Through competition the mental game comes into the equation as well. It takes a lot of talent in just reaching a national level, let alone playing at an international or professional level.
All junior players competing at a national level should be considered ‘talented’ by virtue of their skill level of the game & it is out of this pool of players that generally top players emerge.
People’s definition of a top player is different & might change over time. This can range from top 100, top 50 or even top 10 & depends largely on each person’s personal point of view & their experience in the game.
For a top player to emerge, it takes a lot of things to happen at the right time. Everything has to fall into place in the right sequence. From having the right start, creating good fundamentals of technique, winning matches or tournaments at the right time, having the funds to finance national & international travel & coaching, to getting the proper guidance & coaching at every level. Only then, with a little luck, can a new star emerge.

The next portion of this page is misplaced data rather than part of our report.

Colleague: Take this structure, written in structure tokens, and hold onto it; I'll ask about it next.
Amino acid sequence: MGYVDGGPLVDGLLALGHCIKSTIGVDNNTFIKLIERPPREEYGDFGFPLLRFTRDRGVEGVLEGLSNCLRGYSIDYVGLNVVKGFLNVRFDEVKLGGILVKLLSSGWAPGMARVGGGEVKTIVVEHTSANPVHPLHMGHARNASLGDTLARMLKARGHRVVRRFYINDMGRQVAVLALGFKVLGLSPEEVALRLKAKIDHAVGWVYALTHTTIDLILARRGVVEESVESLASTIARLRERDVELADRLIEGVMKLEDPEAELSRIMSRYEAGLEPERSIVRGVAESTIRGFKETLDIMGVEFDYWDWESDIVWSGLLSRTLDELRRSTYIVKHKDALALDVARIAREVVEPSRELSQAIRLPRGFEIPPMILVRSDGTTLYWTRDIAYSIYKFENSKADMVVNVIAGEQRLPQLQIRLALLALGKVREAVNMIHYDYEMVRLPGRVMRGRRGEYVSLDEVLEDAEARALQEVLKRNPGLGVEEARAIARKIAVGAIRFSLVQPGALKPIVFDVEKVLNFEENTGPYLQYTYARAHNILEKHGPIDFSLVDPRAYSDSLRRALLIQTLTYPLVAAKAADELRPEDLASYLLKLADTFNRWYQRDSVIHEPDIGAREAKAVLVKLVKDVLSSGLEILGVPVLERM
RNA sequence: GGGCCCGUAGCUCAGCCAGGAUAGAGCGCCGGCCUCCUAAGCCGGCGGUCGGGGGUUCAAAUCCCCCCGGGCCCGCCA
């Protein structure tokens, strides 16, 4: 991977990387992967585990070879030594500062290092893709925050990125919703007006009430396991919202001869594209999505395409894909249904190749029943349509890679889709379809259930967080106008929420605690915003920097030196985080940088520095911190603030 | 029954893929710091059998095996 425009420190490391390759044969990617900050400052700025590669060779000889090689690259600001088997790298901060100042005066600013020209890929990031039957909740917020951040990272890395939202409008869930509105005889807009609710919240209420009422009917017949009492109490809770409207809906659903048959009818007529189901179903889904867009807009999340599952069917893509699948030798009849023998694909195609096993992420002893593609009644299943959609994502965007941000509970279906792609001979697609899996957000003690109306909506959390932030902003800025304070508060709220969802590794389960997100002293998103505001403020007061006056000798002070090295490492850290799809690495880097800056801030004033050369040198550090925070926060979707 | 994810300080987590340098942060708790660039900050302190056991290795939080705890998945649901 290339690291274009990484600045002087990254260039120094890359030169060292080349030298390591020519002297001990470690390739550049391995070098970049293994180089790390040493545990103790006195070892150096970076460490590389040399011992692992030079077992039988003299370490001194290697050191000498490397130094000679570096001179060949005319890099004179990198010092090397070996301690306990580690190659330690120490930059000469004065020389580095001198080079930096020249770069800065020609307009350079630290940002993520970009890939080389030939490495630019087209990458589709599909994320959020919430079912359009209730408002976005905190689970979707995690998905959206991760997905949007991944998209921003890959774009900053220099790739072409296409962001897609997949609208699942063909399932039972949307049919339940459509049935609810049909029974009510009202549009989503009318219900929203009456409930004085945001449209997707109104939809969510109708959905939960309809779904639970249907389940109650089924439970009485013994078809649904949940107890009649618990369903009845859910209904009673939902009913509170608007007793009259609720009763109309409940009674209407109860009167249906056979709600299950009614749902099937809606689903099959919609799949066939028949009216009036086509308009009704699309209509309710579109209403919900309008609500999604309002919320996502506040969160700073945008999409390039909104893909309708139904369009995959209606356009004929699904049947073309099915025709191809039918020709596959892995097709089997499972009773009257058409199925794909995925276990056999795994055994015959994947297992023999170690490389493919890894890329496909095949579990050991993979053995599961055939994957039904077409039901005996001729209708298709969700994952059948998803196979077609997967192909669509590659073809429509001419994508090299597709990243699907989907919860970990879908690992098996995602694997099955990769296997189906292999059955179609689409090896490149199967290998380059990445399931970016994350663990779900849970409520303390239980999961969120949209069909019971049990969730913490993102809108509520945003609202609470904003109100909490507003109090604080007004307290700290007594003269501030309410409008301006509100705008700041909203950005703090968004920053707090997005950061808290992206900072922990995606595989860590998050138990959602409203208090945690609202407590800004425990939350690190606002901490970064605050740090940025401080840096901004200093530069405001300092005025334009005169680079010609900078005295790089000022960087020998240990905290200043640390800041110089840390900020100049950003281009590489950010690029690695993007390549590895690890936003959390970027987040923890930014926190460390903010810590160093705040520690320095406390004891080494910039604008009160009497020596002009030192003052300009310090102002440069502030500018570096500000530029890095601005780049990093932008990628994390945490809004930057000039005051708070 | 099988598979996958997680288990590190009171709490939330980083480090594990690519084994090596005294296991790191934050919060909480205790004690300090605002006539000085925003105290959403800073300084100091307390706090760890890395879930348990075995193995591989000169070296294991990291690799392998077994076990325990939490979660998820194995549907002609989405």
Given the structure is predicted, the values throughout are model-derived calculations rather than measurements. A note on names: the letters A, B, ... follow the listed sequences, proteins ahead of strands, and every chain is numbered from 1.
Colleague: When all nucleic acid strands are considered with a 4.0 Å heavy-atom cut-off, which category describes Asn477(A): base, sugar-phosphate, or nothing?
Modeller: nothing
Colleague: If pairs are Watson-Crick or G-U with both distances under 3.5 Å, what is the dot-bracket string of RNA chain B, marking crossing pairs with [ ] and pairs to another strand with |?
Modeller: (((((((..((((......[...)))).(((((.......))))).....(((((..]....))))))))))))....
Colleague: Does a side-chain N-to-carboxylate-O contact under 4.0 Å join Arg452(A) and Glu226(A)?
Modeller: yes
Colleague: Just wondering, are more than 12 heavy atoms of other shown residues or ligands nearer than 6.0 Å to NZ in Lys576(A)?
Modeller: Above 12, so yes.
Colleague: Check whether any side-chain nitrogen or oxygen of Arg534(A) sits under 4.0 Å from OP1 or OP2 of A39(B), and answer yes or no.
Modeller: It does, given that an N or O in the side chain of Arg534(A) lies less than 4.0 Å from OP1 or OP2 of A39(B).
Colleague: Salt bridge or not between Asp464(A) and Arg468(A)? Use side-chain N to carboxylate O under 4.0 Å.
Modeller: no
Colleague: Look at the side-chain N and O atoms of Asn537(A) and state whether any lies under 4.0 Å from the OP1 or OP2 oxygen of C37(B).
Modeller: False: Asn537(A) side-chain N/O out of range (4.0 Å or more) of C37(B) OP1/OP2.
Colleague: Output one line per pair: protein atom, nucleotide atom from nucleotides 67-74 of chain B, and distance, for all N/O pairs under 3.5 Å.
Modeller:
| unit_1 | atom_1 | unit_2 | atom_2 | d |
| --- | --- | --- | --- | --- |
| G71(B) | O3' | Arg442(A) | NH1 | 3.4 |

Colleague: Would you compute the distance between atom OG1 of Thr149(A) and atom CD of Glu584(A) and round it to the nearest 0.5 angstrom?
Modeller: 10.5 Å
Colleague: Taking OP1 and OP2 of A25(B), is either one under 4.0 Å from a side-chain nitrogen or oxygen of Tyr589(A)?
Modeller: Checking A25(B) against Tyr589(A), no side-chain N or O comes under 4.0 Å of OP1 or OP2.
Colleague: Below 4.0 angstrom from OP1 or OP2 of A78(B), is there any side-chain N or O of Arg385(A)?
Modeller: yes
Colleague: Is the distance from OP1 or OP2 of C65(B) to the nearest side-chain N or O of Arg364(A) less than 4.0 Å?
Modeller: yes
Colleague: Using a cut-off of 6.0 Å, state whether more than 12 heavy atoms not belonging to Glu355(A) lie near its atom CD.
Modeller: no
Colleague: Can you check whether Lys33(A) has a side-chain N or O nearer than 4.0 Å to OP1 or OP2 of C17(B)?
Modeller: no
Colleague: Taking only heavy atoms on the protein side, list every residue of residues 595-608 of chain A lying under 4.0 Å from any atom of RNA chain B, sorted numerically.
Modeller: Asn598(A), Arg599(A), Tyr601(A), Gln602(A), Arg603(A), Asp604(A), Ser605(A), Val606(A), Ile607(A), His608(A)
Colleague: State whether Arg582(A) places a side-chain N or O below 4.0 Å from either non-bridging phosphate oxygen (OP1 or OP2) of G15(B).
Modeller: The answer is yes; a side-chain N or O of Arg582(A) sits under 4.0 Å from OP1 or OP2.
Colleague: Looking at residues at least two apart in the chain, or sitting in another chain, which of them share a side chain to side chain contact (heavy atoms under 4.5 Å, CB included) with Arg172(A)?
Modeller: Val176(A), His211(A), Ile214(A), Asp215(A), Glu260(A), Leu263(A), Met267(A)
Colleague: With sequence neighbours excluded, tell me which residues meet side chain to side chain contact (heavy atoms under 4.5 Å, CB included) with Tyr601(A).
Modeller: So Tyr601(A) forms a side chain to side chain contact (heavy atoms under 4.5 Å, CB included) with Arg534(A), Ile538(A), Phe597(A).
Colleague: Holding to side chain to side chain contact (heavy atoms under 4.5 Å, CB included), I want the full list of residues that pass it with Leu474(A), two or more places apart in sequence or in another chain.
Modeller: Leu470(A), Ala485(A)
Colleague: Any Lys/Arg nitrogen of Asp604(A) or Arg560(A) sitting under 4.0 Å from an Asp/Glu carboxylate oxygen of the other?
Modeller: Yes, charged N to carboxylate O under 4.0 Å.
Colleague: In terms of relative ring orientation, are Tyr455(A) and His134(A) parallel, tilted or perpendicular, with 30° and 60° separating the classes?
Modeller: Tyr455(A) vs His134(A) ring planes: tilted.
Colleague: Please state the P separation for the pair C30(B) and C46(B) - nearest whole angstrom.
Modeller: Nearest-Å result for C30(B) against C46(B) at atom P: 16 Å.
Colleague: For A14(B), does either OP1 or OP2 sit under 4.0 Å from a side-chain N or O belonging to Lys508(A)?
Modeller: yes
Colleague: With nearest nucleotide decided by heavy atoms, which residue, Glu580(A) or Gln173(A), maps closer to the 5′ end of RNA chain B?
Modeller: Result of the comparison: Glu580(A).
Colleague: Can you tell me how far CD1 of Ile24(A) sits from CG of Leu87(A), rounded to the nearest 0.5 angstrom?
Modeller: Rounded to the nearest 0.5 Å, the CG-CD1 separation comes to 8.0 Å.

It is one thing to become a talented junior & an entirely different objective to become a successful professional player.
After a junior player reaches an international level & makes the transition to professional, the challenge is to be able to sustain their progress & stabilise the results over several years. Some players reach that level at a very young age, whereas others take a steadier climb through the rankings. There is not just one route to being successful & there are no guarantees.
Just because a player is talented player does not mean that they will be ensured a career as a professional player & even if a player does reach this goal, it can prove even harder to sustain.
A career in squash is a risky business, filled with lots of ups & downs along the way. It takes years of investment, commitment & a lot of perseverance to even have a chance to reach the entry level of professional squash. Hundreds of young, promising & talented players are all chasing their dream of becoming a top player.
The rewards can be considerable if a player is successful, however the reality is that only a select few men & women are able to make a good living on the World Tour.
Pitfalls of Talented Players